Why Hein Schumacher’s Appointment Makes Business Sense For Unilever: Analysis

By Steve Wynne-Jones
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Why Hein Schumacher’s Appointment Makes Business Sense For Unilever: Analysis

The announcement that Hein Schumacher, the chief executive of dairy giant FrieslandCampina, is to replace Alan Jope as CEO of Unilever this coming July, brings to an end the speculation as to who would follow the Scot in taking the helm at one of the world's biggest consumer goods firms.

The announcement comes around four months on from Jope announcing his decision to step down from Unilever, and one year on from a failed bid for GSK's consumer health division, that irked shareholders and led some to contemplate whether the Dove and Ben & Jerry's owner was on the right track.

In the months since, Unilever has sought to put its house in order with the creation of a new structure based around five core business groups, and strategic price increases to offset the challenge of high inflation – announcing its Q3 results in October, Unilever announced that prices rose 12.5%, leading sales to rise 10.6% in the period. Volumes, however, were down 1.6%.

Unilever has also come under fire from activist investor Nelson Peltz, who holds a seat on Unilever's board, while another investor, Terry Smith of Fundsmith, has criticised the group's management for ignoring his request for engagement.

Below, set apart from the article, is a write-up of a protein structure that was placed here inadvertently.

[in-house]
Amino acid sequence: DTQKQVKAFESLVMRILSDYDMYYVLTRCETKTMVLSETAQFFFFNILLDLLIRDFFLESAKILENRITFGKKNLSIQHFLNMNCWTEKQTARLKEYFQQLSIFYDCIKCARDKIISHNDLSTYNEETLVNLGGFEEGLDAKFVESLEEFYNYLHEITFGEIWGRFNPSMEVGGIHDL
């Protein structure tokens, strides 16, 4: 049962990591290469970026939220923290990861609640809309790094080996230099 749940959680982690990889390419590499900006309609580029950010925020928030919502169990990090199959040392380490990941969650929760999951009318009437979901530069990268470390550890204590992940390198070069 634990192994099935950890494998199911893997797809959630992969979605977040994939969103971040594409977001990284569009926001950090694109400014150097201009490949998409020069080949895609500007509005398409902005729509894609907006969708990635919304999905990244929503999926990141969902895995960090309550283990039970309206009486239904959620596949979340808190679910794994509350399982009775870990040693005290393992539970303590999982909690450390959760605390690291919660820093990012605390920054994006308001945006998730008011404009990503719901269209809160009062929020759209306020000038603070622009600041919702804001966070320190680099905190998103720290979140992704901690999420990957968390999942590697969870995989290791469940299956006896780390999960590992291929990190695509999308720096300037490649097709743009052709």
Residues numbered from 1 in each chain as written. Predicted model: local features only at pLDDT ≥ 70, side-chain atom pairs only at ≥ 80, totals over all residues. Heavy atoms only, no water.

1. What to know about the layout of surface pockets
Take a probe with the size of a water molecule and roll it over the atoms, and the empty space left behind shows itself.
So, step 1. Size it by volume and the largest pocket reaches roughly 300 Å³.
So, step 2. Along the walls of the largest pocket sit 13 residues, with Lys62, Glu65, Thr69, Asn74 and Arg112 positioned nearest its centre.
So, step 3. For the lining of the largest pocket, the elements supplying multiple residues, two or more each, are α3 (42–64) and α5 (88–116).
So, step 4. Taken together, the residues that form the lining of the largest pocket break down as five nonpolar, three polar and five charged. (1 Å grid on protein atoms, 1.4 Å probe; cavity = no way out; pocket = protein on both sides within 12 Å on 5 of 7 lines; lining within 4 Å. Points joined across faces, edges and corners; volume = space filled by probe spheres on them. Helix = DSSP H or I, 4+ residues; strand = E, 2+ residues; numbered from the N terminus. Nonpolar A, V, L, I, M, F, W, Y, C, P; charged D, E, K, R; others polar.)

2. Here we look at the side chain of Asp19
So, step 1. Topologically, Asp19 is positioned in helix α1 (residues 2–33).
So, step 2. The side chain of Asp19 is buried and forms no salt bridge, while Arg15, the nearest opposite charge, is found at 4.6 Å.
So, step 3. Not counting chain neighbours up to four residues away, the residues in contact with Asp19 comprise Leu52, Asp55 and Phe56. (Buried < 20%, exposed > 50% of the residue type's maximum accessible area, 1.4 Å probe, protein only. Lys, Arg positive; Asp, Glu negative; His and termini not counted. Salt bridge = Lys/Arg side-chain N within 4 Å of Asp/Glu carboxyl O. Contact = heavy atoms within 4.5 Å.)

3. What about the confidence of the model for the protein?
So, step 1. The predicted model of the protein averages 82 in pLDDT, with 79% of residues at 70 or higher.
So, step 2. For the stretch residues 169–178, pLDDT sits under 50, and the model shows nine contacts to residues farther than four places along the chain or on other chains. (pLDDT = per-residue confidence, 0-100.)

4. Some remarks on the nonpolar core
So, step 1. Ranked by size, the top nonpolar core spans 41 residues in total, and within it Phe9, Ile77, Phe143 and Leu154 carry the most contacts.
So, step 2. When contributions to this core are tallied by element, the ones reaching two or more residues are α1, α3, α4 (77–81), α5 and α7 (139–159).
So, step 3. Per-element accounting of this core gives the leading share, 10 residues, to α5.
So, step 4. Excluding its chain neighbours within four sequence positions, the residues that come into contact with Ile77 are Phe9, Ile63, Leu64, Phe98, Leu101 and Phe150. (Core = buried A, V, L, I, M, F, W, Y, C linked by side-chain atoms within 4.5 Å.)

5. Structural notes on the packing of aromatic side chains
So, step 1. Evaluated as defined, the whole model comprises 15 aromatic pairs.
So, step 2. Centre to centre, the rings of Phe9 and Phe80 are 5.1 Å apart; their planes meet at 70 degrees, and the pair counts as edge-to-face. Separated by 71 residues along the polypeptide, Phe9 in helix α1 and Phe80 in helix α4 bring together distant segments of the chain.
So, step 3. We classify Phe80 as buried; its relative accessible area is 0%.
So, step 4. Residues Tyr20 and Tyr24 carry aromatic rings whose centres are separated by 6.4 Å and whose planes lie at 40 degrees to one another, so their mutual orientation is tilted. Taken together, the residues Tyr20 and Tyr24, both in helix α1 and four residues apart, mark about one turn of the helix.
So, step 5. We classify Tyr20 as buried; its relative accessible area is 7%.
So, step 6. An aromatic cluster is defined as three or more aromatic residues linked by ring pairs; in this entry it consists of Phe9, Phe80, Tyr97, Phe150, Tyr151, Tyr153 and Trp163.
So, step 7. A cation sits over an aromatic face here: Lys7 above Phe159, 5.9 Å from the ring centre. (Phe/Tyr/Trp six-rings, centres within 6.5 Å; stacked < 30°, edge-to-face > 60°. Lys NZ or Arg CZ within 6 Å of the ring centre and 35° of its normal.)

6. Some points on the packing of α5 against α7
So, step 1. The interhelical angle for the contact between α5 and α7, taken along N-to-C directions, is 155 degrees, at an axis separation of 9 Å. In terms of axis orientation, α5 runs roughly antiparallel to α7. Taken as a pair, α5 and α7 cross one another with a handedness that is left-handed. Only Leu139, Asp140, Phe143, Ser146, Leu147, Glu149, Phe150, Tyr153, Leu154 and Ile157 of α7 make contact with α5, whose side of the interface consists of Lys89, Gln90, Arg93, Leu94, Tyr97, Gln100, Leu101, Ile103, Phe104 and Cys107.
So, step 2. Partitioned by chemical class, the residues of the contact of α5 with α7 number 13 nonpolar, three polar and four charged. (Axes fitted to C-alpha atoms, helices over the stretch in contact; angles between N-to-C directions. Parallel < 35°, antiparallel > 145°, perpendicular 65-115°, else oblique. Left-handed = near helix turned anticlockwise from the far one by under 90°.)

The announcement of Schumacher as the group's incoming CEO, therefore, comes at an ideal time for the group.


'A Sprawling Empire'

“Unilever has become this sprawling empire that desperately needs a sharper focus on what it does best, and not constantly dip its toes into new areas," comments Russ Mould, analyst with AJ Bell. "In recent years it has sold interests in tea and spreads and bought into male grooming with questionable success, while falling flat on its face trying to forge a position in over-the-counter medicines.

“Schumacher would do well to install an open-door culture internally and externally. He needs to rebuild confidence with investors and make a firm plan for how the business will look over the next decade and beyond."

Notably, Peltz appears to have already given the 51-year-old his blessing, having first encountered Schumacher during the latter's time with Heinz. "I was impressed by his leadership skills and business acumen," Reuters quoted Peltz as saying.

The Story So Far

It's not the first time that Schumacher will be gracing the halls of Unilever – he cut his teeth as finance manager at the group's German business between 1997 and 2001 – before moving on to work for Ahold's Asia/Central America business and then joining Heinz, where he held a variety of roles over a ten-year period.


Named CEO of FrieslandCampina at the start of 2018, Schumacher quickly set to work optimising the group's structure – it went from a regionally-organised business to one, like Unilever, which is centred on a number of key business groups (FrieslandCampina Consumer Dairy, FrieslandCampina Specialised Nutrition, FrieslandCampina Dairy Essentials and FrieslandCampina Ingredients).

"We changed how we approached R&D, marketing, selling – ultimately, we put our resources into the units that are closer to the consumer and the customer," Schumacher told ESM when we interviewed him on the sidelines of the 2019 Consumer Goods Forum Global Summit.